Good facilitation requires a lot of different tasks:
- Listen to learners
- Ask clarifying statements
- Provide good feedback
- Keep discussions on task
- Probe assumptions and evidence
- Elicit viewpoints and perspectives
- Mediate conflicts
- Summarize and present findings
That’s a lot, but don’t worry, nobody is expecting you to be perfect from day one, and it will become much easier with practice. Below you’ll find a number of tips from some star facilitators.
A special thanks to the 6 librarians who contributed to the video:
Qumisha Goss, Detroit Public Library
Dan Hensley, Carnegie Library of Pittsburgh
Julie Sherwood, Wichita Public Library
Martha Yesowitch, Charlotte Mecklenburg Library
Alexis Burns, Kansas City Public Library
Steve Capuozzo, Cleveland Public Library
Some additional tips:
MODEL PEER LEARNING
For most people, learning has been a passive experience of “receiving” instruction. They may be unaccustomed to taking responsibility for their own and the group’s learning. This is not what Learning Circles are about, and it is important to be clear about this, especially in the first few weeks. As a facilitator, you can be a role model for the group by engaging learners in problem-solving and actively reaching out to help when possible.
Be observant, and learn to read the energy of the room. Who seems really motivated today? Who is particularly quiet? Once you have an understanding of each learner’s goals, you’ll be able to respond to this energy productively. Is one learner quiet because they are struggling with a basic concept? Ask somebody who is a few steps ahead if they don’t mind helping out.
STRIVE TO HELP LEARNERS SELF-IDENTIFY AS MEMBERS OF THE GROUP
This is called social cohesion. Social cohesion begins to develop within an hour of people being together. Some examples for encouraging social cohesion include:
- Agreeing on a group name
- Using non-verbal symbols (mascot, logo, colors)
- Establishing rituals (traditions, habits, weekly activities)
- Using plural pronouns (“we” instead of “I”)
- Invoking group metaphors (referring to group as family, team, etc.)
- Making verbal pledges (commitments to future action)
- Establishing group narrative (saying things like “Remember when we…”)
- Developing groupspeak (inside jokes, jargon)
ASK PROBING QUESTIONS
Learners will ask you many content-related questions since you are the closest thing to the traditional teacher in the room. When a learner asks, your response should demonstrate that their peers are a valuable resource and that most questions are answerable if you know where to look. Examples of responses you might give are: I’m not sure, did you ask anyone else if they ran up against the same problem? Hmmm, where would you start looking to figure that out?
ENCOURAGE MEANINGFUL, FREQUENT INTERACTIONS BETWEEN LEARNERS.
Shared emotional connections serve the dual purpose of helping individuals learn and reinforcing community. Watch out for questions or conversations that de-focus the group, and get comfortable steering conversations back on track. Other participants will greatly appreciate this.
When learning something new, there is a fine line between being optimistic and discouraged. To navigate this, express confidence that learners can achieve their goals, while also being realistic and aware of what is possible in six weeks. For instance, it’s unlikely that somebody with no programming background will get a programming job after one HTML/CSS Learning Circle. However, they will gain a better understanding of how to build a website, get a sense as to whether this is a subject they’d like to continue in, and have a peer group of like-minded individuals they’ve gotten to know.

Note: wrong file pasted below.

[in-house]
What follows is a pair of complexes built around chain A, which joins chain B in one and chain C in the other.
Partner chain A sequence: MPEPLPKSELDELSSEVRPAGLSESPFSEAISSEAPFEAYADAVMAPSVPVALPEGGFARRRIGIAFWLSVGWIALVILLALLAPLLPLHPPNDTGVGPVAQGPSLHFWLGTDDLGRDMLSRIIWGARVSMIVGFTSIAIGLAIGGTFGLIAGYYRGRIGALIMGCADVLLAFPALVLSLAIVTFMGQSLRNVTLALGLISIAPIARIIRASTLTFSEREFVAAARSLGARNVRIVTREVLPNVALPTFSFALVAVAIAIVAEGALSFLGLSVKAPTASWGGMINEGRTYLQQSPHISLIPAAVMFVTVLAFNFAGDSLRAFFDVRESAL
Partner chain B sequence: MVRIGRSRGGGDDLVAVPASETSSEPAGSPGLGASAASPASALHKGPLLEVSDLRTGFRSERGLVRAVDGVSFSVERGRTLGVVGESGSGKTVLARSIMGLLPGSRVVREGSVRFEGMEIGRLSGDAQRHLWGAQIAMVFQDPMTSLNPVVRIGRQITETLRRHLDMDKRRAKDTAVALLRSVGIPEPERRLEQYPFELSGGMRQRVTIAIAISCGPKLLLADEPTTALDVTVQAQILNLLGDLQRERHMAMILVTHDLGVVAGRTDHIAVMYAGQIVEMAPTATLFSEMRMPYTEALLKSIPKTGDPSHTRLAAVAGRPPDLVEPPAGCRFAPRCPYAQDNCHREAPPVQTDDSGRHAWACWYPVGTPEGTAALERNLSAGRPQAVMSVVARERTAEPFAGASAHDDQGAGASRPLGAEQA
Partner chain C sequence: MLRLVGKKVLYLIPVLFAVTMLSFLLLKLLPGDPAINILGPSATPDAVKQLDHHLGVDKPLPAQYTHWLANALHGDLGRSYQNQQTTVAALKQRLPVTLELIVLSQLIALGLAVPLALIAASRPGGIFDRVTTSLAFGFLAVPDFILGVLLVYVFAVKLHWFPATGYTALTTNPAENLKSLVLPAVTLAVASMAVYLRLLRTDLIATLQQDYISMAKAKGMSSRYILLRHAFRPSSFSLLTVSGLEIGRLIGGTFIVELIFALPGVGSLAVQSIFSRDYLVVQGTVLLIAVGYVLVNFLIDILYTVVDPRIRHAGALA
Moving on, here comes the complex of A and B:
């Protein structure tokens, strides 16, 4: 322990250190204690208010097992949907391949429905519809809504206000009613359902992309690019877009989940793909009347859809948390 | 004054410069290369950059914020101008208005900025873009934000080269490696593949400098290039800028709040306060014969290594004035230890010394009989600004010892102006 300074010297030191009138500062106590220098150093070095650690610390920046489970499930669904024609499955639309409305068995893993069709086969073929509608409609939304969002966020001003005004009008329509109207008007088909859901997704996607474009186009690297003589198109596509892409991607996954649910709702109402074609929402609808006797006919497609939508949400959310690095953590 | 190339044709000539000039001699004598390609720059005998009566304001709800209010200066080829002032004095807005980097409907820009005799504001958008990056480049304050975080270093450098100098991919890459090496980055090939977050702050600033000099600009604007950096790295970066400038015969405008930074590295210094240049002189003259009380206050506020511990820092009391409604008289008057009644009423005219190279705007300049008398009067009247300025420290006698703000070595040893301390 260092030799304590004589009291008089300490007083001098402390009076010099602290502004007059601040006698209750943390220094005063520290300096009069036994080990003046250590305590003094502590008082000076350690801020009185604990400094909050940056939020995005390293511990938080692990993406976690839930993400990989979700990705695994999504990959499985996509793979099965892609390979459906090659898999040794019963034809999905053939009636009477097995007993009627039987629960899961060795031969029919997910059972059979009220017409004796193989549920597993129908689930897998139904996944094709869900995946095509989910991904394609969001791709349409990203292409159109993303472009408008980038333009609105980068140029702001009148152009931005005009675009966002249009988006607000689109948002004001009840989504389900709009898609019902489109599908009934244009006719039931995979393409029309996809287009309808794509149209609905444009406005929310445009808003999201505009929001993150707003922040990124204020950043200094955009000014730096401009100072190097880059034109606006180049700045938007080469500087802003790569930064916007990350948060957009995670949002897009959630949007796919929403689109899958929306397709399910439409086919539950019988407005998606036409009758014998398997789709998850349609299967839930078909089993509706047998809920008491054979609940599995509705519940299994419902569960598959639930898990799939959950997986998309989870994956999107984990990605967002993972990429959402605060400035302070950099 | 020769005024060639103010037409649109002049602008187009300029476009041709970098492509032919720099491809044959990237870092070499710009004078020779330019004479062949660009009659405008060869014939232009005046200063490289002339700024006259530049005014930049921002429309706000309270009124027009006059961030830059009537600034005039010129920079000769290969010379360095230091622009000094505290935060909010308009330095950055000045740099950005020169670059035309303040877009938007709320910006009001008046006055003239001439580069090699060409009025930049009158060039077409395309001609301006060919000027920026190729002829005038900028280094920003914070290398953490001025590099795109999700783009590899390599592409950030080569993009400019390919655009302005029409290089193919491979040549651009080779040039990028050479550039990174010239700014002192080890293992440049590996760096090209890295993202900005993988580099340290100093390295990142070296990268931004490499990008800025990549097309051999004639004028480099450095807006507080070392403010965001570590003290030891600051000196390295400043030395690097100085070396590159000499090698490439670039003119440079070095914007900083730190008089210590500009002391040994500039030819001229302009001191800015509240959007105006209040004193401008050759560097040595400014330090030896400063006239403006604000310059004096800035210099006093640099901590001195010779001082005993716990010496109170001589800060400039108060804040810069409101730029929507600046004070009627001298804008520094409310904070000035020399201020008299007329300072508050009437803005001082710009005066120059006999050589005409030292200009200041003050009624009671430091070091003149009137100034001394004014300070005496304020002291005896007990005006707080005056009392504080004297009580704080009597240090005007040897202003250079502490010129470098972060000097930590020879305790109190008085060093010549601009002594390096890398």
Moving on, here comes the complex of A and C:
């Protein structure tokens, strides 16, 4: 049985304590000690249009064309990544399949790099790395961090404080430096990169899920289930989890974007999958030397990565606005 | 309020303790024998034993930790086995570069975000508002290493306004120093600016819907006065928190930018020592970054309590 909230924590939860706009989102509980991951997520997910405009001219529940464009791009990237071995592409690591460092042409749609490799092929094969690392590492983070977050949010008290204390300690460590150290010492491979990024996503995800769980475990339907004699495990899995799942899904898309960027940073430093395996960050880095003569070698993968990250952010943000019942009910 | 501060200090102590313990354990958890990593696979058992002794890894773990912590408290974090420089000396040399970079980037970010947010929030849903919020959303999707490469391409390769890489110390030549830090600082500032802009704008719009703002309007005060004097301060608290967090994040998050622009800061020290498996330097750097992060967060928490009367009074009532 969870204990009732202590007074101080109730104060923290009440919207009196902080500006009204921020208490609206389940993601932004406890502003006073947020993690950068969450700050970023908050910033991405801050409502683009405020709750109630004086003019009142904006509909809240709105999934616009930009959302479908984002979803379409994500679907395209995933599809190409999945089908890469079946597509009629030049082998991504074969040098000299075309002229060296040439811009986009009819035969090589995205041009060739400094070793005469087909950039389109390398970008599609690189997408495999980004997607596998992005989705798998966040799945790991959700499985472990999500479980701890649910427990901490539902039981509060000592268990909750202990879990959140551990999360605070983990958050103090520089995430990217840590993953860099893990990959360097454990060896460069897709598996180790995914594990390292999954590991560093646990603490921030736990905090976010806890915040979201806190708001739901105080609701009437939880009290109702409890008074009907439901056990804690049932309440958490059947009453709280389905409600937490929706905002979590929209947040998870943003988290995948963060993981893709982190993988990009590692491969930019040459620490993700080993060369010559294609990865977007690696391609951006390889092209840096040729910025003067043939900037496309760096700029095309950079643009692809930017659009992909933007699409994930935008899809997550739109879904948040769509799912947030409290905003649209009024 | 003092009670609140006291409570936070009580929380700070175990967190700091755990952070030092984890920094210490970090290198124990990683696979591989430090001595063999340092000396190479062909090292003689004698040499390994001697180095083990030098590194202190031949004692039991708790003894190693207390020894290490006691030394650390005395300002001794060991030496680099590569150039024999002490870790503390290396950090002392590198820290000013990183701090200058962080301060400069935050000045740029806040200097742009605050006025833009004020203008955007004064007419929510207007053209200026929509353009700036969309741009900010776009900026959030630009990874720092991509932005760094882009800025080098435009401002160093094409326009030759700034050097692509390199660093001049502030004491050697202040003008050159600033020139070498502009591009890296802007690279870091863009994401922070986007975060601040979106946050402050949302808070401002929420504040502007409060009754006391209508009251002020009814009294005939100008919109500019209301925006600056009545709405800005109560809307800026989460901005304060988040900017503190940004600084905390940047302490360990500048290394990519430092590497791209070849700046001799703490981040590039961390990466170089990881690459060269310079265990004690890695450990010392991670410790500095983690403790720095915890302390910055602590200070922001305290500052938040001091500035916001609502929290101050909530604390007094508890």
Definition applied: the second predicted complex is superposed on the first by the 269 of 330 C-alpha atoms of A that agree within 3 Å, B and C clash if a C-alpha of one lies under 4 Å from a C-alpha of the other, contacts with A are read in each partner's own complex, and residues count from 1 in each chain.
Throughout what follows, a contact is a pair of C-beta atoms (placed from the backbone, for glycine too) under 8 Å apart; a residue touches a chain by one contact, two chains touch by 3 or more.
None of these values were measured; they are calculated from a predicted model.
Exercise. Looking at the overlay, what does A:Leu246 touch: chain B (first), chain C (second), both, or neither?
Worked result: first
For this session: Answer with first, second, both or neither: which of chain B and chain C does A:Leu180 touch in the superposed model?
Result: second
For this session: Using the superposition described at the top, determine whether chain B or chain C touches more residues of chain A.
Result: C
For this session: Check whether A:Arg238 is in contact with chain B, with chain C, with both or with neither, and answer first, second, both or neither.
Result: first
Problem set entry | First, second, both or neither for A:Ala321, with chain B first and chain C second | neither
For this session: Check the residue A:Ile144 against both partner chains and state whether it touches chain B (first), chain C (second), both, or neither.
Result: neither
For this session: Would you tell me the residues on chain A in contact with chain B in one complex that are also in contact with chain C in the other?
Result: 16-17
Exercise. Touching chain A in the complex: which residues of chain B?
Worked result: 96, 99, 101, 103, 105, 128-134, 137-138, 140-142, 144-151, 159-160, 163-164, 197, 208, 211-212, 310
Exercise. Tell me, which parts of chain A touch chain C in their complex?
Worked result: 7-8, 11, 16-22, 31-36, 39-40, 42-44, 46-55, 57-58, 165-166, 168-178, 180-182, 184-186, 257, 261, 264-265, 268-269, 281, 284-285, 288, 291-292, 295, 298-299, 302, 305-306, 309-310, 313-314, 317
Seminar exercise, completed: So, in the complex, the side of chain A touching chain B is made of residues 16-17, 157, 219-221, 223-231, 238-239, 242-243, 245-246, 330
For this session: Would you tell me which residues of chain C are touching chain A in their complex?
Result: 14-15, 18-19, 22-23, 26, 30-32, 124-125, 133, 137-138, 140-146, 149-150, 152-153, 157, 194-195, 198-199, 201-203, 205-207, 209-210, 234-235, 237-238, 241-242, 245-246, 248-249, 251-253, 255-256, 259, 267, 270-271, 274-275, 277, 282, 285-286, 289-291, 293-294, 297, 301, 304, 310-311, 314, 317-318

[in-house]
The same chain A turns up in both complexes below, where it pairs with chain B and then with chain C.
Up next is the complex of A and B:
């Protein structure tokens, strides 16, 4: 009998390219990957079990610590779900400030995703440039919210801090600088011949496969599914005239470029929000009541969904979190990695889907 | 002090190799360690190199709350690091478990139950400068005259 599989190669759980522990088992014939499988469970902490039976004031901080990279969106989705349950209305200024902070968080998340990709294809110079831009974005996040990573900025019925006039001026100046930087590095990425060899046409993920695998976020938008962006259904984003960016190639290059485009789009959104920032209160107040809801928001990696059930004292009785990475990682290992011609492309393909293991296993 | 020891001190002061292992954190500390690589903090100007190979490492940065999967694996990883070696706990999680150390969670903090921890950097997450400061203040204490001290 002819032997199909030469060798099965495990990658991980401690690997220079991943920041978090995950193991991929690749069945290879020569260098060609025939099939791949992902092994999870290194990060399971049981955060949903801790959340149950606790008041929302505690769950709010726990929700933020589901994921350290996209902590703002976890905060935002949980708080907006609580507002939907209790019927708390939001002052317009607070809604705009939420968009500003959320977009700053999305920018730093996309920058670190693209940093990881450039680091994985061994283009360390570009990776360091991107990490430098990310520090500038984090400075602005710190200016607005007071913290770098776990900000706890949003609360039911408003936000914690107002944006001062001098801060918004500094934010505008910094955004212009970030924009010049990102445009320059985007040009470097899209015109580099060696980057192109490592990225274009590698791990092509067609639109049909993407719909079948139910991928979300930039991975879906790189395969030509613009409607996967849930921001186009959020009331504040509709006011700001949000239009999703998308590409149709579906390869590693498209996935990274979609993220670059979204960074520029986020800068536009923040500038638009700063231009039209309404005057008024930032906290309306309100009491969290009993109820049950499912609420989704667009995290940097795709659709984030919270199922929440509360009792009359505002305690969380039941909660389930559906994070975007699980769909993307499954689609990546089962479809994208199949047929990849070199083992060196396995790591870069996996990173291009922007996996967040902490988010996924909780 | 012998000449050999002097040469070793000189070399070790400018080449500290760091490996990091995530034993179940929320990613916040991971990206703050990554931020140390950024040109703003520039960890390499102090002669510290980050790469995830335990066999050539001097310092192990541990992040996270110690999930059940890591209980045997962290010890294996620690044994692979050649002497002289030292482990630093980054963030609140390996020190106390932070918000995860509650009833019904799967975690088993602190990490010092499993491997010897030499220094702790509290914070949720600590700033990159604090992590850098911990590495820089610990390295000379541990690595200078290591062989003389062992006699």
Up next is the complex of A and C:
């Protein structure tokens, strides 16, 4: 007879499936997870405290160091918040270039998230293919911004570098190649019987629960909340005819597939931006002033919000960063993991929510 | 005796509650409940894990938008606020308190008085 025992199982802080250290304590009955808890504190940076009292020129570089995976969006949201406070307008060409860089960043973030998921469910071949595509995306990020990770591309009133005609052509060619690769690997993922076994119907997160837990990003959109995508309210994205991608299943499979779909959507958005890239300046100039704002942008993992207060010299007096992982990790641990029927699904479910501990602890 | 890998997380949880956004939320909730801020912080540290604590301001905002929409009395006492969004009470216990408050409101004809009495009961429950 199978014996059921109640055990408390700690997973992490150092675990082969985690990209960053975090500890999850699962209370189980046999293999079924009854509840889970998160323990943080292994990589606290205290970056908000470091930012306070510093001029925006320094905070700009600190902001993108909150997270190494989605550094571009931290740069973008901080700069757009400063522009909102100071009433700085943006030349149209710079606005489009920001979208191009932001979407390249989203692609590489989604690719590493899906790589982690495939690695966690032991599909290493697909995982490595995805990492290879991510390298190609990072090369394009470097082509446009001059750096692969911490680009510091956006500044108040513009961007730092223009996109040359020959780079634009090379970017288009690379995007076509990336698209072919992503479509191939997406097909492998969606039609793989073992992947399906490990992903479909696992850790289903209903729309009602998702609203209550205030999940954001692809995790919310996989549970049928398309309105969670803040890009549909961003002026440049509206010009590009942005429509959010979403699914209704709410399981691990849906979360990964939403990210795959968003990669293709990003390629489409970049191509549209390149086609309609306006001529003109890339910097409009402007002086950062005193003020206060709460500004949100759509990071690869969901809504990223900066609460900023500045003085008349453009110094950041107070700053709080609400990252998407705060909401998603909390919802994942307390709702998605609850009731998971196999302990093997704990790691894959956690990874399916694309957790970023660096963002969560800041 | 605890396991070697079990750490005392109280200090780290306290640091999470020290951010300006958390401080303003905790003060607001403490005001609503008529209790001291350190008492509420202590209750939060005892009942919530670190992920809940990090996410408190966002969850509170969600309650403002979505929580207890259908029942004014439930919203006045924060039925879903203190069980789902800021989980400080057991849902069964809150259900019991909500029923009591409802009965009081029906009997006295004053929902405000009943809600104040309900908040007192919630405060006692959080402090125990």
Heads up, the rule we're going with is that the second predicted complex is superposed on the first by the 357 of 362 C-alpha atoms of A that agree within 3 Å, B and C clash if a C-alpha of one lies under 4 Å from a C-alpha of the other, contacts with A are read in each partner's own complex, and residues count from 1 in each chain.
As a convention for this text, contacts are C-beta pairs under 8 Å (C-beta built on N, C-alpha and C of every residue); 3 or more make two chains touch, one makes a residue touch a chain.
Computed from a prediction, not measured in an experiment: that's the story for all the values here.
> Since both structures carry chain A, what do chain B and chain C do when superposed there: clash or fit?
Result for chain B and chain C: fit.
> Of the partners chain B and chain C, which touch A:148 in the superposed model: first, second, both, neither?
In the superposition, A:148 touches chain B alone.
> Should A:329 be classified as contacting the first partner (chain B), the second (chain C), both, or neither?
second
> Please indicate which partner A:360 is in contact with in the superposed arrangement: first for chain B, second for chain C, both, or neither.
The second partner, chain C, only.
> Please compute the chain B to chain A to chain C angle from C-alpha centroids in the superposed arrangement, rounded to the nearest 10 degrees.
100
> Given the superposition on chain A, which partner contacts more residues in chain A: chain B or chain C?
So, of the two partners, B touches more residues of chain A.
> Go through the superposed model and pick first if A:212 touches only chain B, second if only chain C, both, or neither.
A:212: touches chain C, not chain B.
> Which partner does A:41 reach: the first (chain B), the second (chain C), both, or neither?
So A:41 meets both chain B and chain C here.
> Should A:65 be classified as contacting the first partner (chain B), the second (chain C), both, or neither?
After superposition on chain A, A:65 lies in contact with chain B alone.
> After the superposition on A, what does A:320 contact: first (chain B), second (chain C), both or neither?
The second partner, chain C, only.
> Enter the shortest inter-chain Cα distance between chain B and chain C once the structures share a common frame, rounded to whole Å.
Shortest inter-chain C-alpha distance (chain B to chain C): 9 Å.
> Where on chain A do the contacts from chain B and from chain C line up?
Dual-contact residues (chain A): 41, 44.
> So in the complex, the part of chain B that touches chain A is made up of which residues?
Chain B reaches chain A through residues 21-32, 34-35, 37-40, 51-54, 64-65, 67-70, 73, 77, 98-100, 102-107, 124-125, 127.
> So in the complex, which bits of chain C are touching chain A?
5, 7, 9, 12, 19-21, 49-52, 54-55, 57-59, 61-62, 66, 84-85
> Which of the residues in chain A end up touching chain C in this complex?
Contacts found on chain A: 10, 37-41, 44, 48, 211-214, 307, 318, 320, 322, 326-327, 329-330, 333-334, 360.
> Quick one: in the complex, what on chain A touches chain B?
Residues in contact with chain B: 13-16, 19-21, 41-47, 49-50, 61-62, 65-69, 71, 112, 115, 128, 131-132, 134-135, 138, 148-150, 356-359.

ENCOURAGE GROWTH MINDSETS
A growth mindset is the belief that one’s skills and abilities can be continually developed through hard work, rather than stay fixed at a certain level. As a facilitator, try praising a learner’s processes (effort, strategies, choices) rather than their innate intelligence (e.g. saying “you’re so smart!”).
TURN FRUSTRATIONS AROUND
Try to flip frustrations into positive statements and involve the group. For example, when one learner felt that the interview tips in a Job Training course were too basic, the facilitator asked the group if they could come up with better tips. This re-framed the frustration in a positive way and served as an opportunity for learners to work together.
A good facilitator empowers learners to take charge of their own learning, making the role of the facilitator smaller and smaller over time. As the Learning Circle progresses, the facilitator can start asking learners to take on some extra responsibility, such as:
- Send a wrap-up email afterwards reflecting on the day’s class
- Summarize the week’s material at the beginning of each class
- Set up/clean up the space
- Share a resource or article that relates to the course content
- Help a learner who is struggling
- Bring snacks
As a facilitator, you have a great deal of influence over the atmosphere in your Circle. Ask yourself the following questions as you work through the six weeks:
- How might my cultural assumptions influence my interactions with learners?
- How might the backgrounds and experiences of learners influence their motivation, engagement, and learning?
- How can I modify course materials, activities, facilitation techniques, and expectations to be more accessible to all the learners in my Learning Circle?